Monday, May 16, 2011

Effective ways to collaborate

(This is a summary of a conversation held in the Linkedin Hub Generation group)

In recent months, as a result of being away from the office visiting Kenya and the UK, I have come to understand even more the importance (and occasional draw backs) of social media-based collaboration tools.


At Zipipop we have been using social-media tools to communicate and collaborate for over four years. The main day-to-day tool we have been using is the internal micro-blogging service Yammer (see end note about Podio), which basically functions as a shared, continuous notification and discussion space – like a closed version of the Facebook News Feed. This is really a core part of our operations, since we are often out of the office running workshops or collaborating with remote workers. So my movements between different countries was fairly seamless – provided, that is, I had reliable access to 3G mobile internet. 

When the connection is unreliable (as it was in the UK Lake District) email comes back to prominence as a more workable solution, but otherwise it was much more productive to work in one central micro-blogging space. In addition, Yammer shows who is online, which helps generate a sense of presence between you and the office. However, in the long run it is not a replacement of face-to-face time, since a regular physical presence is still necessary to remain fully in touch and influential.  

I have noticed, however, that the sooner organizations adopt online spaces as their core means of communication the more effective they can operate when employees have to be geographically separated – since people get used to making decisions online rather than relying totally on physically meetings and "water cooler" discussions. There is a general trend towards fragmented working spaces, so organizations should consider the negative effect of people feeling "left out" if they don't have access to the ongoing organizational conversations. It all comes back to transparency. And the more we can adopt the best-practices of online culture, the more time and travel costs (financial & environmental) we can save, and the more opportunities there will be to balance the demands of work and private life. Here are some handy tips on keeping remote workers motivated and in the loop.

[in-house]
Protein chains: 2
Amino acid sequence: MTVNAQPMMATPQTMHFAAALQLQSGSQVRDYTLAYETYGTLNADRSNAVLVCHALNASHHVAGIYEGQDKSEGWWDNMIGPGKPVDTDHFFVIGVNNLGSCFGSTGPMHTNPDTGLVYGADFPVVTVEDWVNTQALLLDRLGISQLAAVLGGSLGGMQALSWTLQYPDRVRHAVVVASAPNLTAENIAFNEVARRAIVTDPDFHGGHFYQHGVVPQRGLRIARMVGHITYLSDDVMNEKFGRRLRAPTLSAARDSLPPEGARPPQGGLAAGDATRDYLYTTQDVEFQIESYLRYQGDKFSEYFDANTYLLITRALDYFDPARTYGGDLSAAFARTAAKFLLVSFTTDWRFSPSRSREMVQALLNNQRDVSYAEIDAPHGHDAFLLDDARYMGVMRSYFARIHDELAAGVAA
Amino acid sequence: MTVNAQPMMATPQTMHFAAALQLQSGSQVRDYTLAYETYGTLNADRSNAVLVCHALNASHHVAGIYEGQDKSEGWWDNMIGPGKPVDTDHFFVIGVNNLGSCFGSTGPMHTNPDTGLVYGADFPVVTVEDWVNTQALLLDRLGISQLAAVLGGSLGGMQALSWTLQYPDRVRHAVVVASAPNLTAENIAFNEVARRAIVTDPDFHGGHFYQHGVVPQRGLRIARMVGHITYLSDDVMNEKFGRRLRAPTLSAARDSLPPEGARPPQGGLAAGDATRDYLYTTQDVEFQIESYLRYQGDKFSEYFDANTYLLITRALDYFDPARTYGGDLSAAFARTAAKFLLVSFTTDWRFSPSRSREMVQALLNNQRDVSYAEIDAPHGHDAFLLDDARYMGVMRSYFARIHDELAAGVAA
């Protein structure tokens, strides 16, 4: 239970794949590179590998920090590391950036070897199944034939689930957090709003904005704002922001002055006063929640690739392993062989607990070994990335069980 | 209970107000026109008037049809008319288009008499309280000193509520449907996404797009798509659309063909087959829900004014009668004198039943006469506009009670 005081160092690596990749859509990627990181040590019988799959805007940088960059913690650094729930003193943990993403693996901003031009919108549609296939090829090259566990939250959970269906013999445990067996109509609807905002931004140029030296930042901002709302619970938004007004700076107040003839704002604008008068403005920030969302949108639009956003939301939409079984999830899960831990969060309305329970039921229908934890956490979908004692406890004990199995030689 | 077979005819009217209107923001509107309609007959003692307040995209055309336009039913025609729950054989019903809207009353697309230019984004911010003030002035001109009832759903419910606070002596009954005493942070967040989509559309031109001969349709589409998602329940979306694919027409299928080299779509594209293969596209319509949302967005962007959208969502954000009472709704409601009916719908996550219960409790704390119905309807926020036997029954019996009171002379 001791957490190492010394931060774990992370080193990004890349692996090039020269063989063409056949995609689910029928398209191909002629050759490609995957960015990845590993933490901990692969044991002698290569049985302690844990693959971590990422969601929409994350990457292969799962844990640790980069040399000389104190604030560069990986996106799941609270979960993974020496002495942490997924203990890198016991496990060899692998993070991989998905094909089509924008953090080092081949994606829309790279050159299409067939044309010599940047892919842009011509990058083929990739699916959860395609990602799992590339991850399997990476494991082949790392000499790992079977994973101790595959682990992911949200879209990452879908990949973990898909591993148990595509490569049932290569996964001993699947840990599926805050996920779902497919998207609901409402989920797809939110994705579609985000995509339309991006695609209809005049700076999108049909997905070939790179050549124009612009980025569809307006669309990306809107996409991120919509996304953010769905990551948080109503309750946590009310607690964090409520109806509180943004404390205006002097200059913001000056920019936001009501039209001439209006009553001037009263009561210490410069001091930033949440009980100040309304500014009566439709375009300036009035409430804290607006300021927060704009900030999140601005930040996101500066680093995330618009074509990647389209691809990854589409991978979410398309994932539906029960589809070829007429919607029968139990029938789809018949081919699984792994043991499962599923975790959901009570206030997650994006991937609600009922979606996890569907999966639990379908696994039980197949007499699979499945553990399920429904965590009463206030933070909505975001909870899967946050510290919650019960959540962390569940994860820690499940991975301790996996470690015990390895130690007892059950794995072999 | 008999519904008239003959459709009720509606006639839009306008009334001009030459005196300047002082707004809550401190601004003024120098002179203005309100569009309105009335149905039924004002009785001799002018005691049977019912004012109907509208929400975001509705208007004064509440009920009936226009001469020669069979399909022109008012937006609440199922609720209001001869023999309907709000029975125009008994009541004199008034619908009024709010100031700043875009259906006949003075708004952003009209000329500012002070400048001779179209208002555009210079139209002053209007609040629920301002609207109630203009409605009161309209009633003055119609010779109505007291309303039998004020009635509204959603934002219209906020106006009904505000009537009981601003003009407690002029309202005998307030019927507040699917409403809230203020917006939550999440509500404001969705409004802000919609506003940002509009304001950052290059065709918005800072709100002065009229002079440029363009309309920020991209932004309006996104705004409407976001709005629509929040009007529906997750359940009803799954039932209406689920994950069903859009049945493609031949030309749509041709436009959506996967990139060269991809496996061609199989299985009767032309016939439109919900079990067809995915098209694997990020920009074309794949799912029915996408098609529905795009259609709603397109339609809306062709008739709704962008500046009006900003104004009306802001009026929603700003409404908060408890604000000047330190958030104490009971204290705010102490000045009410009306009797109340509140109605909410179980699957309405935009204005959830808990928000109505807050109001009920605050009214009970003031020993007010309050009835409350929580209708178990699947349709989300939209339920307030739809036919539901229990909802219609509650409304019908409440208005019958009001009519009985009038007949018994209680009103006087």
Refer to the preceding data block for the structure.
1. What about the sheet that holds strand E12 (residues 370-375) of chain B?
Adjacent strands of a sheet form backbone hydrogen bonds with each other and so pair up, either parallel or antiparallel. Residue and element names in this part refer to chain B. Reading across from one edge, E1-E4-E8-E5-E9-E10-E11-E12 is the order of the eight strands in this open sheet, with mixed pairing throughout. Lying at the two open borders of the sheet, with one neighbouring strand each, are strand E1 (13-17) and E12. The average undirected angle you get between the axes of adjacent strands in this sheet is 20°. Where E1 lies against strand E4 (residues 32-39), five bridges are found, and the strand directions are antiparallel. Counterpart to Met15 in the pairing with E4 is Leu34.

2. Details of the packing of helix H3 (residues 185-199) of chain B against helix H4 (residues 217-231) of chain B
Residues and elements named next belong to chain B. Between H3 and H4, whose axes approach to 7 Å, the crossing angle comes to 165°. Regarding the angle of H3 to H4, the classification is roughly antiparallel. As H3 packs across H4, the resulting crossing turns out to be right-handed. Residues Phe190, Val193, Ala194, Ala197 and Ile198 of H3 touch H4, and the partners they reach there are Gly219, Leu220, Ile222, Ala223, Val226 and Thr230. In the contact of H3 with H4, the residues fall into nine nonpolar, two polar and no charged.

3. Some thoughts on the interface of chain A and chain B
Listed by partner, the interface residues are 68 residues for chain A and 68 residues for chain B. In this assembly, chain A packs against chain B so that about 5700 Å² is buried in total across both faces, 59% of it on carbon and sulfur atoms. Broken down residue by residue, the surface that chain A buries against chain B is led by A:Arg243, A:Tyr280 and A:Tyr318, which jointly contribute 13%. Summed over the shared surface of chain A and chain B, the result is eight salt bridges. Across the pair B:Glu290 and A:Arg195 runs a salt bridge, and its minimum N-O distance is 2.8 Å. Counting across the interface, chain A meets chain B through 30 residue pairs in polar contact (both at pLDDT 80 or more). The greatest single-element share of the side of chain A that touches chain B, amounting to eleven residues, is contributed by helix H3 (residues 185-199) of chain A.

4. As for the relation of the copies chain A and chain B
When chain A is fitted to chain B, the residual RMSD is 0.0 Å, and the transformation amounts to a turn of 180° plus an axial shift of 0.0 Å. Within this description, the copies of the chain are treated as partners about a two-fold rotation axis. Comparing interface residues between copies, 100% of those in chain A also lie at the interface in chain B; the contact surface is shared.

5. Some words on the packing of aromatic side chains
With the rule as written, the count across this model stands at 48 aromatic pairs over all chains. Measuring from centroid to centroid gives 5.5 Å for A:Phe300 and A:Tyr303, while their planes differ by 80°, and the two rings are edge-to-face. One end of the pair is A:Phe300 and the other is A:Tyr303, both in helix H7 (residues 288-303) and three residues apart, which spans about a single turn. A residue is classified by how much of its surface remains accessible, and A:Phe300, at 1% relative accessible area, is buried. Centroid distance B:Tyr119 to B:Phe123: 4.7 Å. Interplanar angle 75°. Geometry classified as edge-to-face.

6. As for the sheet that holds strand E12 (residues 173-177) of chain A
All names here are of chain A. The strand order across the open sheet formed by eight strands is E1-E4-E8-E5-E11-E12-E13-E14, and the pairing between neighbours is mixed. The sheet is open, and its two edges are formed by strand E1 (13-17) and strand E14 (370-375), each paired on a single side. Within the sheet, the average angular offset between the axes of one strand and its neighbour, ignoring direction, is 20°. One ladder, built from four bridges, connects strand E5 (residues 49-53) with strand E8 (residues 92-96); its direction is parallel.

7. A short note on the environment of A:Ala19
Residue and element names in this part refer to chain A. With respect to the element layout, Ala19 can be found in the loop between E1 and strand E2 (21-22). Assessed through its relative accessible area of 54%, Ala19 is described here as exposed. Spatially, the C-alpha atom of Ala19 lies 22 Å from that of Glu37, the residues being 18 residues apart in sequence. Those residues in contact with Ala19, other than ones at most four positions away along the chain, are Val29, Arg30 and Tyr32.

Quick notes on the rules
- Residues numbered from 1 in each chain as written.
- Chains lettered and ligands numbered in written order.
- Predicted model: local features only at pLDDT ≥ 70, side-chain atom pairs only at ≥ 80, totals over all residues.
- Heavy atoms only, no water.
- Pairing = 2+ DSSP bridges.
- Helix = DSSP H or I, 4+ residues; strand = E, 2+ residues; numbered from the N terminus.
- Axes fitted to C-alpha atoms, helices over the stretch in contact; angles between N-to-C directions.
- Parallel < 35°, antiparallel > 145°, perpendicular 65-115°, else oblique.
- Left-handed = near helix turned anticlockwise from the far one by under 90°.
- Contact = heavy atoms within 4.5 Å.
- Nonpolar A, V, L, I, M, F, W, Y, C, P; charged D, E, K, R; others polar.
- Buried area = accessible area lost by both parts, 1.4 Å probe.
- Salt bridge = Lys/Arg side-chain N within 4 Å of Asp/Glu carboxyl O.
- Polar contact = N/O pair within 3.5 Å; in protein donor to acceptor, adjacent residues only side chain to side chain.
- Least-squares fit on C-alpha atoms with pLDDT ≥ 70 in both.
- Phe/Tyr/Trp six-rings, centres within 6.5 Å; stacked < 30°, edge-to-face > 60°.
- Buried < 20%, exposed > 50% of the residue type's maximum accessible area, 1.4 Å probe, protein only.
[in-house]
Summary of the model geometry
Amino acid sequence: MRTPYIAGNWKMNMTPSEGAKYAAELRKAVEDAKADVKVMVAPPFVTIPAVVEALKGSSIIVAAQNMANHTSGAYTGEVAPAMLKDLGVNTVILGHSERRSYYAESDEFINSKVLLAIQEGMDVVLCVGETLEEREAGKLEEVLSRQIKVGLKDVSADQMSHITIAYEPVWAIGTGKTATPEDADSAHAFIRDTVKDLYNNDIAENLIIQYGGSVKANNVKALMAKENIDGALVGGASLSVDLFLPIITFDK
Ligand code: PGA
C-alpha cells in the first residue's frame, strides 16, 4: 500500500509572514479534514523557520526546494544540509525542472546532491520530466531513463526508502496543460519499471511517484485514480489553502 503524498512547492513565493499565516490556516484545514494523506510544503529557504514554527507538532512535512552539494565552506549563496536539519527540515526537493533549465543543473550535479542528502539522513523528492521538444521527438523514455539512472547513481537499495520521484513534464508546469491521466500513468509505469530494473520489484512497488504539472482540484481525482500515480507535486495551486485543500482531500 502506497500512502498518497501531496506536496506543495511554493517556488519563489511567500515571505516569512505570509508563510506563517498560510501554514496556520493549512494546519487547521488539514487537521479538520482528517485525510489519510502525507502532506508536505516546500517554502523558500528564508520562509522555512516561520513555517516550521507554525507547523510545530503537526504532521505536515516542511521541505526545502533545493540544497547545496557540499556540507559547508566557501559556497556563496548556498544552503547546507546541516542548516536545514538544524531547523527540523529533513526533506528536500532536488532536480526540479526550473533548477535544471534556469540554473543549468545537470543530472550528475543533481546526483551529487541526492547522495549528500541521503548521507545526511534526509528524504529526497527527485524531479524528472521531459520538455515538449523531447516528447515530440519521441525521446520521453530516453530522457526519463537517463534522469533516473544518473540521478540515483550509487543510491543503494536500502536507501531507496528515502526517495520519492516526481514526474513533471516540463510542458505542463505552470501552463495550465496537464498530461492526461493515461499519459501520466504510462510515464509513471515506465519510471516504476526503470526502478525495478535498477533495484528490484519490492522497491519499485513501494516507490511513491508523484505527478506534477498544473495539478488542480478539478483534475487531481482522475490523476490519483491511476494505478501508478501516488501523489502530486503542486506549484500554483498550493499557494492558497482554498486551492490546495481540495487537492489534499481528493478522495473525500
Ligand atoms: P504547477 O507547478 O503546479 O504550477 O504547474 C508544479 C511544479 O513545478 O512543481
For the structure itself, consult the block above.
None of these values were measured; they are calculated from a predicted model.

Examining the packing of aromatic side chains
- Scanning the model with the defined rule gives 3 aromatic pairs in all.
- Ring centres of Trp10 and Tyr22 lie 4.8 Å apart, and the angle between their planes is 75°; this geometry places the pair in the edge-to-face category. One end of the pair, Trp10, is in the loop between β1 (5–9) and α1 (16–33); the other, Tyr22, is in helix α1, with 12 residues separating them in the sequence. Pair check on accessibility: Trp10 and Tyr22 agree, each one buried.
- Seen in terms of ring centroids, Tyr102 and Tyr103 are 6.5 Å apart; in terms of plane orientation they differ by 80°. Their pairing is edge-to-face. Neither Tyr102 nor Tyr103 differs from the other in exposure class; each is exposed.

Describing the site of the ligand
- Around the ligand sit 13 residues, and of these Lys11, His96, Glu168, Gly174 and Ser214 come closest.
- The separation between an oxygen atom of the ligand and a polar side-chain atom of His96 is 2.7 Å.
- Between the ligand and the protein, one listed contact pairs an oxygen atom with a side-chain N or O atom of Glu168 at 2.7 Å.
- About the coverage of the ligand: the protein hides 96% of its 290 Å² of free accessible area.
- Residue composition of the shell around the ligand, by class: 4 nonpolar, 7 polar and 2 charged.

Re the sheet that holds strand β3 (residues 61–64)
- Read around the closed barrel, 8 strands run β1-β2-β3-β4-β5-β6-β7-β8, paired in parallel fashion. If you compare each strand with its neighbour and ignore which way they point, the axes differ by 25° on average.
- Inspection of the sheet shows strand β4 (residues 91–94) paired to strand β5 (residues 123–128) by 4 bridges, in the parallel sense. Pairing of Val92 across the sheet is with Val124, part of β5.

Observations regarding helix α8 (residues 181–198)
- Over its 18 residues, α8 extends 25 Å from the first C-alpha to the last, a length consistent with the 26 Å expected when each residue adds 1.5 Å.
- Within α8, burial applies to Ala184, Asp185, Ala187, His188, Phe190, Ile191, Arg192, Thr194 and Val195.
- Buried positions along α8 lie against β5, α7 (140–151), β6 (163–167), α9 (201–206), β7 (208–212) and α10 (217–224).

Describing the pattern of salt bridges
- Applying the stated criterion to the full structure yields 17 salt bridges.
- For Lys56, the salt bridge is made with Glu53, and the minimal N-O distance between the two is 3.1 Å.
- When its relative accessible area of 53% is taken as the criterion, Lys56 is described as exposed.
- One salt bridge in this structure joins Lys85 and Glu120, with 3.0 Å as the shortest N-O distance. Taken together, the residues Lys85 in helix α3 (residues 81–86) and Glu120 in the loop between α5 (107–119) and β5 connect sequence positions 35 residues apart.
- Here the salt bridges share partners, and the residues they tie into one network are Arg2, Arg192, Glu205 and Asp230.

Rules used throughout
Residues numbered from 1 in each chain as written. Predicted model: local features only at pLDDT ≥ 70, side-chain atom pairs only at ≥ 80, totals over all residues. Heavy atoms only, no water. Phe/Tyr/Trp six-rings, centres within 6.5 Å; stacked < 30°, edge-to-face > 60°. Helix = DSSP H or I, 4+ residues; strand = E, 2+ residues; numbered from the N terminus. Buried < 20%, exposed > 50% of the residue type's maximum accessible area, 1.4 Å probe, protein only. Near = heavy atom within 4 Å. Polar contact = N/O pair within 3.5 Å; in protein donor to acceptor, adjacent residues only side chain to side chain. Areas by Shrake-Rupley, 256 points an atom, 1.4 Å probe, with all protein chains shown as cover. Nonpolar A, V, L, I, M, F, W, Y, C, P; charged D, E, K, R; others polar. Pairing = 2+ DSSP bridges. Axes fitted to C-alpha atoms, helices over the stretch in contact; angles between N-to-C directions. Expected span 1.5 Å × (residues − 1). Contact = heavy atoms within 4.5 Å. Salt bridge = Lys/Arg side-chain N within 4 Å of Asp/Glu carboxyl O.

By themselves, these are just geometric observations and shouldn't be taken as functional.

Antti Virolainen pointed out that with these new tools his company Avoin yritys can work effectively while being located in two different Finnish cities. And that sometimes the effort of writing can help people to focus on the essentials.  They recommend IRC chat and the immediacy of instant (no accounts required) collaborative writing services; such as or

Sunday, February 27, 2011

How transparent should organizations be?

Openness and transparency are increasing trends in the business world. It's not just for small businesses like our Avoin yritys (Finnish for Open Company): the big ones are also adopting more transparent strategies, be it openness of leadership, innovation, or communication. This is not simply just because people have developed a sudden urge to change the world for the better: instead, with the rise of new communication methods and the social web, companies have realized that the open way is also often good for business.